31 July 2008

We're one, but we're not the same

You say: "love is a temple, love a higher law
Love is a temple, love the higher law."
You ask me to enter, but then you make me crawl
And I can't be holding on to what you got, when all you got is hurt.

From the song "One." I've often thought about these lyrics, especially whenever I'm contemplating the inbreaking of the new covenant, in anticipation of the return of the crucified God, the risen Messiah.

Betraying more of my idiosyncracies than is probably wise, I fancy this excerpt to speak against much of the church at large. "Love," they say, "in this new covenant, is a temple, a higher law. Come. Enter your rest." (All this is true, of course.)

Yet it turns out to be anything but rest. Burdened with guilt and talmudic blue laws (fill in the blank here: drinking, homeschooling, what can and can't be done on the first day of the week, being forced to practice a limp-wristed tolerance, etc.) the forgiveness and thus the peace of Christ has all but vanished. 

Binding consciences with the word of man, not of God, such that the one enjoined to enter now must crawl under the oppressive thumb of he who has been called to shepherd the flock is a betrayal most insidious. If all you got is hurt, maybe you should rethink your ordination vows.


John Schaefer said...

Well, I'd join the movement if there was one I could believe in, and I'd break bread and wine if there was a church I could receive in. Cause I need it now, to take the cup, fill it up, drink it slow.

Congrats on the job!!!

Chris Donato said...

Nice, John. I don't think I'm as far gone as Bono in those lyrics—yet!

By the way, I've been working this current gig for about six years; I've just been blogging icognito, that's all.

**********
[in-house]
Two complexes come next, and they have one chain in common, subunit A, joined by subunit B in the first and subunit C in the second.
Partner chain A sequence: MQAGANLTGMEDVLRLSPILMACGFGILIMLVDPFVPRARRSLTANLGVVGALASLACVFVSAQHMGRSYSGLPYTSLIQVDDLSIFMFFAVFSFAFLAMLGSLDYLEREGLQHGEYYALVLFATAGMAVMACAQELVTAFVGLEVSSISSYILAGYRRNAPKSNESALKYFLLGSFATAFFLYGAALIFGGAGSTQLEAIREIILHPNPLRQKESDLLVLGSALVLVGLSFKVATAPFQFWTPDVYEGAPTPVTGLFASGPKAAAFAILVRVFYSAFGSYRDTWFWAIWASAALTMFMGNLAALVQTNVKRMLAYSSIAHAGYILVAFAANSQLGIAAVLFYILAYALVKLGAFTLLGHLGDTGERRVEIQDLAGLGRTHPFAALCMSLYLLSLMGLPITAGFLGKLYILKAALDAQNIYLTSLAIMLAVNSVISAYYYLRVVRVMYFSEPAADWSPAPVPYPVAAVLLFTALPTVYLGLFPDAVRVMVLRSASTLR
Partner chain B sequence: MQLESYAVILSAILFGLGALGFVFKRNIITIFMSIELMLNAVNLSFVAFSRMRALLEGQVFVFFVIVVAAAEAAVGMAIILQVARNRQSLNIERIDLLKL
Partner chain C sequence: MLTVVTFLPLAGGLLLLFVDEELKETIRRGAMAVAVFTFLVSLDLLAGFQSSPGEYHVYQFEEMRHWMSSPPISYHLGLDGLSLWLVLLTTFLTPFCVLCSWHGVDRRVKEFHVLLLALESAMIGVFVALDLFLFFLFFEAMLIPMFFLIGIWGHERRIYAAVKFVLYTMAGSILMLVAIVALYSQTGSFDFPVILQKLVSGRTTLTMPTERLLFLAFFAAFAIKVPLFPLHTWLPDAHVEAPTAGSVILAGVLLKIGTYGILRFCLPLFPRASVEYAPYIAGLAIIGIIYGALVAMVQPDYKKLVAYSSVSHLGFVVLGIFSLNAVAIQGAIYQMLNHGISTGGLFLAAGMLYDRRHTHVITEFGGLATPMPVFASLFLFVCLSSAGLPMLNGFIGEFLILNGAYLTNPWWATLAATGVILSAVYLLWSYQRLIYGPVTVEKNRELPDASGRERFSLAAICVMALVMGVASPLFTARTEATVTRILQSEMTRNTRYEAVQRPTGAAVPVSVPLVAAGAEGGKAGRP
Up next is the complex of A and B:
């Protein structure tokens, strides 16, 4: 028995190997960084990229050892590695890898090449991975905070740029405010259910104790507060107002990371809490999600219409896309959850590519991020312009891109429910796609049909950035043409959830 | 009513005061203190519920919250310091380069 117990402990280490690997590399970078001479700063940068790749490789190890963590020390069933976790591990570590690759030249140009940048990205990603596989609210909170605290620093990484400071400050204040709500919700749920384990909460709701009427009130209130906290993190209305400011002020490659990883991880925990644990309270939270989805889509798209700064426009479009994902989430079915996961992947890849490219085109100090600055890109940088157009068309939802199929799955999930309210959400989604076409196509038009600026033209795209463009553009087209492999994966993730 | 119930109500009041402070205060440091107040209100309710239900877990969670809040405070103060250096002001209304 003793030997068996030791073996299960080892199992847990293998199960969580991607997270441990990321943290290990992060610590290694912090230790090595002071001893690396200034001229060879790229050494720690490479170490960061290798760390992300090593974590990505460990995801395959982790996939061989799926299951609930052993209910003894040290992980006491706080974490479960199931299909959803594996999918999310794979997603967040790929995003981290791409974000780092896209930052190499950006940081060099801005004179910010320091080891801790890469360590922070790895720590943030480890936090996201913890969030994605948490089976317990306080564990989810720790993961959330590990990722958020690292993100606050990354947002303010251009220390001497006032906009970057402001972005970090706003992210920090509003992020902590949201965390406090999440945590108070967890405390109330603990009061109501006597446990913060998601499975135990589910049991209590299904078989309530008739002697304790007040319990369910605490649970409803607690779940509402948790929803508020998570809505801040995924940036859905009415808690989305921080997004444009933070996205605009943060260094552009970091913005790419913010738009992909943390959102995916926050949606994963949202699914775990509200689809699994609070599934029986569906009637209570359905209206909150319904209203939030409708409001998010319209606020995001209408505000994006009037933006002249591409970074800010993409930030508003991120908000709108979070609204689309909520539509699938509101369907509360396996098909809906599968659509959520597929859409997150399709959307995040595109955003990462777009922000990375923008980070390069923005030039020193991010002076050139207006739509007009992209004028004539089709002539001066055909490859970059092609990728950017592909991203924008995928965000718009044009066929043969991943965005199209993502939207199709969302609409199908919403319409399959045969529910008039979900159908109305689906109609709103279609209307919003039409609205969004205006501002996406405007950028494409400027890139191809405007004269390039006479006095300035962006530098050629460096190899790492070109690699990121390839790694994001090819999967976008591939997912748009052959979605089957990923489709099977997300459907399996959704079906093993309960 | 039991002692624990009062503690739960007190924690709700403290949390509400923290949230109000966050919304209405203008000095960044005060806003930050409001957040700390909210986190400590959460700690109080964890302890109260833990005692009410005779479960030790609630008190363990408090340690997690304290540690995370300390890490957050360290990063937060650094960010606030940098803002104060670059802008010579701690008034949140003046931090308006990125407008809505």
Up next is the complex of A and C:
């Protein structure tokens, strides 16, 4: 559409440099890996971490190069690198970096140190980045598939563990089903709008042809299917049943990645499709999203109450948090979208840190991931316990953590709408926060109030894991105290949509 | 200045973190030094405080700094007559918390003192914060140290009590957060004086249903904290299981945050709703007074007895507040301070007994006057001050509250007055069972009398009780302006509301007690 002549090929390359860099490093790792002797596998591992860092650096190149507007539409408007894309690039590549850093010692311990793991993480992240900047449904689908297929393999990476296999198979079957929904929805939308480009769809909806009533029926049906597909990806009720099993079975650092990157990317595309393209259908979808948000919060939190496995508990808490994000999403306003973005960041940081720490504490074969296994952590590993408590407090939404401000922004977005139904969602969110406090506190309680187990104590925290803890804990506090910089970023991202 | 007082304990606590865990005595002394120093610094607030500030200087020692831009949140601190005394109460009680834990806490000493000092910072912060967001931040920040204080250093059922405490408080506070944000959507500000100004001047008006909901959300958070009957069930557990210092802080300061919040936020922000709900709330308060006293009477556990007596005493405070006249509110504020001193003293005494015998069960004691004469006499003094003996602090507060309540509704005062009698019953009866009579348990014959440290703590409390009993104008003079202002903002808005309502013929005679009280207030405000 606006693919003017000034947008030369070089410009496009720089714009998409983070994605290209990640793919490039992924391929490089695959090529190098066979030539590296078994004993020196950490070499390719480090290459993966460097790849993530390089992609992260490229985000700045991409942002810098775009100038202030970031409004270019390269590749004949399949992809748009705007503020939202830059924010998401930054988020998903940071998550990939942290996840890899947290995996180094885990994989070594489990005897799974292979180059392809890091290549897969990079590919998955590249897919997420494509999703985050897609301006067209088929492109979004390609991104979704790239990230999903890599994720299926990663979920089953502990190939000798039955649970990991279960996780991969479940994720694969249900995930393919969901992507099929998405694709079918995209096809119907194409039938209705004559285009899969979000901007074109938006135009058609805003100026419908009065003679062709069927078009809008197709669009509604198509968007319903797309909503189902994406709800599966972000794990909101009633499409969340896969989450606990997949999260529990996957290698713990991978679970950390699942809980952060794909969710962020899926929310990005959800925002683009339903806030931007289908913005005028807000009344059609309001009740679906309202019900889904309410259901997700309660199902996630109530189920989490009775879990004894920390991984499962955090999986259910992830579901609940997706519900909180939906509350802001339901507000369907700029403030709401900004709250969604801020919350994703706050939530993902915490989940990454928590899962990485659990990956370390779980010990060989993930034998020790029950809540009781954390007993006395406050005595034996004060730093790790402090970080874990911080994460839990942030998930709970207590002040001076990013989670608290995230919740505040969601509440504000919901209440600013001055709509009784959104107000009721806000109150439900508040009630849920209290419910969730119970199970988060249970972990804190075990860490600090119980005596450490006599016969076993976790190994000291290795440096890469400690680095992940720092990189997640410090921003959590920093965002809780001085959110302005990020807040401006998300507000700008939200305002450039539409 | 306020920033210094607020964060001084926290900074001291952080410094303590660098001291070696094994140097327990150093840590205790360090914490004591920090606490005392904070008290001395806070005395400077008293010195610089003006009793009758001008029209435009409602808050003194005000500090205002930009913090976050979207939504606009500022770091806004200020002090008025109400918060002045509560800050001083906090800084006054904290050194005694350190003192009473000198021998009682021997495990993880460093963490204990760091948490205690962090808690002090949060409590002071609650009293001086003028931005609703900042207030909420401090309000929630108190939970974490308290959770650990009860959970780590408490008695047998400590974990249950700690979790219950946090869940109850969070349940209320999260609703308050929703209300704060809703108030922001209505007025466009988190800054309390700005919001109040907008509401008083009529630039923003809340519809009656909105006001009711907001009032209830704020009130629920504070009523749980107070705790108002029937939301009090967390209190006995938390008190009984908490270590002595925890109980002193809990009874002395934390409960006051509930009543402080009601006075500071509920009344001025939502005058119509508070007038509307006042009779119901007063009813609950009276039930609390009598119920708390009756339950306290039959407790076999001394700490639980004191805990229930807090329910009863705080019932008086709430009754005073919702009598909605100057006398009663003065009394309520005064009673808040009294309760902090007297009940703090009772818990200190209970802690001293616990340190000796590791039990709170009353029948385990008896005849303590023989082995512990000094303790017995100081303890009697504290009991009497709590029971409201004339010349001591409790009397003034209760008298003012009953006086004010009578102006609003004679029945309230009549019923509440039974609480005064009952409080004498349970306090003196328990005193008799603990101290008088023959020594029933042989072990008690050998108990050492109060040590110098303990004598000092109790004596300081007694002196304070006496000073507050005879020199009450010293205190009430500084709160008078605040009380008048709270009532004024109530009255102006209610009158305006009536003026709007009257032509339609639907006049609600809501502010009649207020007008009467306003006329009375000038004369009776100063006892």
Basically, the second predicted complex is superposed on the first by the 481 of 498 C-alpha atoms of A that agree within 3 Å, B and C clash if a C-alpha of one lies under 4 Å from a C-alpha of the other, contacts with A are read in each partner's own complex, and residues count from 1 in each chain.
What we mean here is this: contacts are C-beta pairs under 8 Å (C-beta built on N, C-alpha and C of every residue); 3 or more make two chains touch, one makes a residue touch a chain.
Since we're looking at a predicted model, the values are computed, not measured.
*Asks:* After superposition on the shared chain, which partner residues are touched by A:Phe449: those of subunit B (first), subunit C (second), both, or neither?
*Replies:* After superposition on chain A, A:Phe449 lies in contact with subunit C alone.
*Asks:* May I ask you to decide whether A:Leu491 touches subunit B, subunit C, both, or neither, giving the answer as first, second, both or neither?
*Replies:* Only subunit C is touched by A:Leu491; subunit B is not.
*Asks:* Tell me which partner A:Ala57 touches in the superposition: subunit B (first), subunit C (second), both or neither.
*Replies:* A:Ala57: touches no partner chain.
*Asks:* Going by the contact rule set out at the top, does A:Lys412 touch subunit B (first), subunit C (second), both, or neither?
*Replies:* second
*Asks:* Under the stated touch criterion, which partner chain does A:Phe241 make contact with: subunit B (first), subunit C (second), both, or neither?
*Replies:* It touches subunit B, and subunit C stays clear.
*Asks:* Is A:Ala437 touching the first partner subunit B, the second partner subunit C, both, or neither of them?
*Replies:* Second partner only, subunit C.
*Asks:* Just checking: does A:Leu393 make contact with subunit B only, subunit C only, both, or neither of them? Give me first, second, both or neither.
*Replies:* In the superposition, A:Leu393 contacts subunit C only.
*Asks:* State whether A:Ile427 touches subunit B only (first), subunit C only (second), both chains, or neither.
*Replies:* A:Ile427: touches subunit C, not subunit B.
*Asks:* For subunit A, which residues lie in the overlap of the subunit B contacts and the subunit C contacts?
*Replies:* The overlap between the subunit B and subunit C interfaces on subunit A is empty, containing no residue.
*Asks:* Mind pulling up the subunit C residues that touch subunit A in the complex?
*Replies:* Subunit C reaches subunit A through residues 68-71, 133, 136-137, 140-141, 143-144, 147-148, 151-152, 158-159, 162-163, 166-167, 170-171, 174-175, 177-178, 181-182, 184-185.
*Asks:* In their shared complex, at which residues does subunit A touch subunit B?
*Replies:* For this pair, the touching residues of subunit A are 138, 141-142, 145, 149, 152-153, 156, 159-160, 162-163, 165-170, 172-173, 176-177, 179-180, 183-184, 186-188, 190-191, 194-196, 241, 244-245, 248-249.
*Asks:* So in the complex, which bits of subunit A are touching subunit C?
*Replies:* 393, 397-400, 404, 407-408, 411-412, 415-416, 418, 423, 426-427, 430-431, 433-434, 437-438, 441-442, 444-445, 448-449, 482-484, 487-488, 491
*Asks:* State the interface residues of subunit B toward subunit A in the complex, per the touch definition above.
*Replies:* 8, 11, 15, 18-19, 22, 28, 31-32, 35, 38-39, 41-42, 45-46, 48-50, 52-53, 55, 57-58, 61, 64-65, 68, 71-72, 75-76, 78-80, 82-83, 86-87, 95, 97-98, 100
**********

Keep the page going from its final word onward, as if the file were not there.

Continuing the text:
steve said...

Hi Chris.

Just stopping by for some munchies. Mmmm, U2 always goes down smooth. Talmudic blue laws, ew...that homeschooling one always gets stuck in me craw something fierce and lately the pro-lifeism has really been causing some heart burn.

...somebody just please pass the bread and wine and I'll be all right.


Chris Donato said...

Now, don't get me started on how many, if not most, Reformed churches (who ought to know better) are starving their people, a lot of times out of sheer expediency: "Filling up all those tiny cups and preparing the bread is so tedious and time consuming," they whine.

Identity is keeping me from cursing.

steve said...


Blogging has helped me discover my inner upstart...

Phew, we may have our differences on the nature of the church's relevancy to the cares of the world, but looks like we may be brothers-in-arms over the shoddy state of the means of grace in Reformed environs. I'd say "Amen!" but you know how we Presbies feel about outbursts. Of course, it's better than cursing...I did a lot of that when a recent candidate, during his interview for our pulpit, got caught up in the horns of the content of the cup versus its frequency. I told him I'd rather drink Welch's "as often as we meet" than wine every month. He muttered something unintelligible before diving into well deserved diatribes about alcoholism with the resident liberals (who have managed to get us glutton-free wafers).

...have I gotten you going yet?


Chris Donato said...


You folks are well on your way to cultural relevance. May I suggest organic wine and wafers? If I started naming names, you'd be flabbergasted.

My blood pressure's rising…

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